Tag Archives: Judy Greer

Pottersville (2017) Review

Time: 84 Minutes
Age Rating:
Cast:
Michael Shannon as Maynard Greiger
Judy Greer as Parker
Ron Perlman as Sheriff Jack
Thomas Lennon as Brock Masterson
Christina Hendricks as Connie Greiger
Ian McShane as Bart
Director: Seth Henrikson

Maynard (Michael Shannon) is a beloved local businessman who is mistaken for the legendary Bigfoot during an inebriated romp through town in a makeshift gorilla costume. The sightings set off an international Bigfoot media spectacle and a windfall of tourism dollars for a simple American town hit by hard times.

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I saw Pottersville out of morbid curiosity when it came onto a Netflix. It seemed to be a movie that would never ever exist, like a Saturday Night Live skit or one of those fake trailers at the beginning of Tropic Thunder with a cast including Michael Shannon and Ron Perlman in a movie about Bigfoot which happens to be a light hearted comedic film set around Christmas time. Everything from the posters to the trailer seemed completely fake, but it turns out it is real, someone really made this movie. Having seen it, I have to say that it really caught me off guard by how much I had fun with it. Not that it’s a good movie, it’s far from that. But it was such a weird movie to watch and had such bizarre moments that I couldn’t help but enjoy the randomness.

All the plot synopsises may say that Pottersville is about Michael Shannon getting drunk, dressing up like a sasquatch and the town the next morning believes that Bigfoot is a thing. But what they don’t tell you is that in this movie, Michael Shannon gets drunk and dresses up because he found out that his wife played by Christina Hendricks is having an affair with Ron Perlman and they are both furries. And they are in a club of furries in the town. So that’s pretty much the plot. I found myself finding unintentional funny moments more hilarious than the intentionally funny moments. However, to be honest, I’m wondering whether the ‘unintentionally funny’ moments was actually meant to be funny. When you see Ron Perlman say how he’s a furry and how he’s proud of it, it makes you wonder how self aware the people working on the movie were. It’s not like a studio movie, and at times it feels like there was some actual passion put into it, so I honestly can’t tell. Whatever the case, it is rather entertaining. I won’t go into too much of the random moments for your benefit if you choose to watch it. Plotwise this movie isn’t very interesting, outside of some random aspects it’s a fairly generic ‘Christmas movie’ (even though this movie doesn’t really have much to do with Christmas). There are parts, especially in the middle of the movie, where it isn’t very entertaining and it feels like a basic generic family movie, so it’s not consistently entertaining. But looking back on the overall film, I just have this really positive feeling towards it.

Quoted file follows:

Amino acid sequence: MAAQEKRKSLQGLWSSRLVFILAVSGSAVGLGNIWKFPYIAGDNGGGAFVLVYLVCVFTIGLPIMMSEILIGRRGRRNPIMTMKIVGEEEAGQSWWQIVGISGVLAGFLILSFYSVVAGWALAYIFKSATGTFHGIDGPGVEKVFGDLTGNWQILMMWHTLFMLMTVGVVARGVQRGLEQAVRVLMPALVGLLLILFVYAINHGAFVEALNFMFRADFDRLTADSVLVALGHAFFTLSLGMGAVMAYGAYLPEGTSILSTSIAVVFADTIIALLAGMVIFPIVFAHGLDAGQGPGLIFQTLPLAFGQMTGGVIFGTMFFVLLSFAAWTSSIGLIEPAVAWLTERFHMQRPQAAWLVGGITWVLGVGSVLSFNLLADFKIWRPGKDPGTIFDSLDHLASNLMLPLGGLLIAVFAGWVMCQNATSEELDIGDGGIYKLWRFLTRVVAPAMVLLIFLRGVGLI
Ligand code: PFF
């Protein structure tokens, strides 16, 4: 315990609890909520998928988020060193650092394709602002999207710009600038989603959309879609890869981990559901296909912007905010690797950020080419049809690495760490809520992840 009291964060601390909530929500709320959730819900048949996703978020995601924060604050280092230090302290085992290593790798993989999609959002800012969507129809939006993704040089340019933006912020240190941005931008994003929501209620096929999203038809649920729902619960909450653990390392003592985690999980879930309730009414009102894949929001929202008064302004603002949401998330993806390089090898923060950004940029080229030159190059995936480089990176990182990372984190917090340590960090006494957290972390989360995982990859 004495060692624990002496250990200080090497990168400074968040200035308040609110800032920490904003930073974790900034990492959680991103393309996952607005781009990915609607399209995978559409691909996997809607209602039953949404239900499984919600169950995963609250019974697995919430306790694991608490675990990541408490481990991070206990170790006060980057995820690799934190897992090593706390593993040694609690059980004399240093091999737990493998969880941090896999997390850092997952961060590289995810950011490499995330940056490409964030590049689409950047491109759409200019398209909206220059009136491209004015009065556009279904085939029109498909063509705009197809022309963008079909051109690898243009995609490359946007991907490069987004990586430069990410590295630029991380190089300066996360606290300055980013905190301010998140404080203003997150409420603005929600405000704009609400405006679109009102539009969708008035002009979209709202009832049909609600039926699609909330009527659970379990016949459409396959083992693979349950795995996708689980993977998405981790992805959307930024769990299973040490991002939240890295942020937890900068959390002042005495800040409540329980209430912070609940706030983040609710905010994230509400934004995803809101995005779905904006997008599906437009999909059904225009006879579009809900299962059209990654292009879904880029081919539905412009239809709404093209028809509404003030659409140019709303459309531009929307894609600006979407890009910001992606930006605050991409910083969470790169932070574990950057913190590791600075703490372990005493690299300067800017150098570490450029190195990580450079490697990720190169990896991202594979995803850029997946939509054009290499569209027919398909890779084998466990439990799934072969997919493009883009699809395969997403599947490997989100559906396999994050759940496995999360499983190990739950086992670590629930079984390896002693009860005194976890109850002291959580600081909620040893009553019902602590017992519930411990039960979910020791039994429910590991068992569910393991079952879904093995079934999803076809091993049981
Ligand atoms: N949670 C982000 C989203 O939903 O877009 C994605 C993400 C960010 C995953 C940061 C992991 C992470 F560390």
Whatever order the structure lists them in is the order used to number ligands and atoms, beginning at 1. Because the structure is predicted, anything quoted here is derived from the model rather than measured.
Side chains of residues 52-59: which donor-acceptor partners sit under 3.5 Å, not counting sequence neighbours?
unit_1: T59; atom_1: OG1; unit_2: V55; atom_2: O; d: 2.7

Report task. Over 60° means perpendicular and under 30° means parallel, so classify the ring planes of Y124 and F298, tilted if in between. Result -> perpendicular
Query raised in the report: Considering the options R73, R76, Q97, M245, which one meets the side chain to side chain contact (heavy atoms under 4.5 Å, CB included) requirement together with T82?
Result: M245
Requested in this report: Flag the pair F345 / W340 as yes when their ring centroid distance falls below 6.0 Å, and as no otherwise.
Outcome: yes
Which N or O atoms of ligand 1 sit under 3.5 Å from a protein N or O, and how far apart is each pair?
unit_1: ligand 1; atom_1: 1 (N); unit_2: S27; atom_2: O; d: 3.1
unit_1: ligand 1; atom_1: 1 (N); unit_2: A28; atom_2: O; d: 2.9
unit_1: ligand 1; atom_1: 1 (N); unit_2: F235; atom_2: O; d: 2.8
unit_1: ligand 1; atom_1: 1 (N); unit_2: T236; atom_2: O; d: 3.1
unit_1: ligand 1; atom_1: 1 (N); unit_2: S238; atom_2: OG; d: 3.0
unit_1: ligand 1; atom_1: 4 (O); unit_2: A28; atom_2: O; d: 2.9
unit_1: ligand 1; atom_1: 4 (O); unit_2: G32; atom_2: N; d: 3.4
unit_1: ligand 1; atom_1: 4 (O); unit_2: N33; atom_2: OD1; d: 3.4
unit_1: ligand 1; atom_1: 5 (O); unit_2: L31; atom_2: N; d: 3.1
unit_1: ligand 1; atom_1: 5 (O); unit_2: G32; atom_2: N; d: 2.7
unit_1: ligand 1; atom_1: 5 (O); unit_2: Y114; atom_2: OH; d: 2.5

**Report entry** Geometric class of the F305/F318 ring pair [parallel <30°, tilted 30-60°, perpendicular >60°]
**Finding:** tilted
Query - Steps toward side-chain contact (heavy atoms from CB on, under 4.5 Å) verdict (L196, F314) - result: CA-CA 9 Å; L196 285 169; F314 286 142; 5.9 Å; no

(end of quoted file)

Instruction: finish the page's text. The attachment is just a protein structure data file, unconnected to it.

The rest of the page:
This movie has an weirdly big cast, with big names like Michael Shannon, Judy Greer, Ian McShane, Ron Perlman and Christina Hendricks all part of it. As you can probably tell, they don’t do their finest work here, though they aren’t really that bad and are trying to a degree and at the same time they know what movie they are in. Out of all of the main cast I’d say that Christina Hendricks really doesn’t get to do much here, she’s more wasted than the others (not that she’s missing out on much). The standout here is Michael Shannon, because despite him being known for playing crazed, insane, and villainous characters, here he plays a good guy, and it’s weird, adorable or hilarious (or all three). Shannon doesn’t appear to be phoning it in and is trying to an extent. His involvement with the movie just made it more enjoyable.

At times the direction by Seth Henrikson is okay, at other times it is incredibly basic and straight to DVD. There’s nothing to really say about it, the direction is incredibly average but the majority of it isn’t particularly terrible by any means.

I wouldn’t call Pottersville a good movie but I’m questioning myself when I’m calling it a bad movie. I can’t say that I didn’t enjoy the movie, because I did. It’s such a bizarre movie, made more bizarre by the bizarre plot, the bizarre choices and the bizarre amount of talent involved. It’s not completely unintentionally hilarious, it’s not quite the 2010’s equivalent of The Room, because some elements are okay (or generic) enough instead of being a complete disaster. But I still had a fun time when I watched it ironically. If you are morbidly curious in it, give it a watch when you can, but it might be a good idea to know what you’re in for beforehand.

Halloween (2018) Review

Time: 106 Minutes
Age Rating: 860949[1] Violence, offensive language & horror
Cast:
Jamie Lee Curtis as Laurie Strode
Judy Greer as Karen
Andi Matichak as Allyson
Will Patton as Frank Hawkins
Virginia Gardner as Vicky
Nick Castle and James Jude Courtney as Michael Myers/The Shape
Director: David Gordon Green

It’s been 40 years since Laurie Strode (Jamie Lee Curtis) survived a vicious attack from crazed killer Michael Myers (Nick Castle) on Halloween night. Locked up in an institution, Myers manages to escape when his bus transfer goes horribly wrong. Laurie now faces a terrifying showdown when the masked madman returns to Haddonfield, Ill. – but this time, she’s ready for him.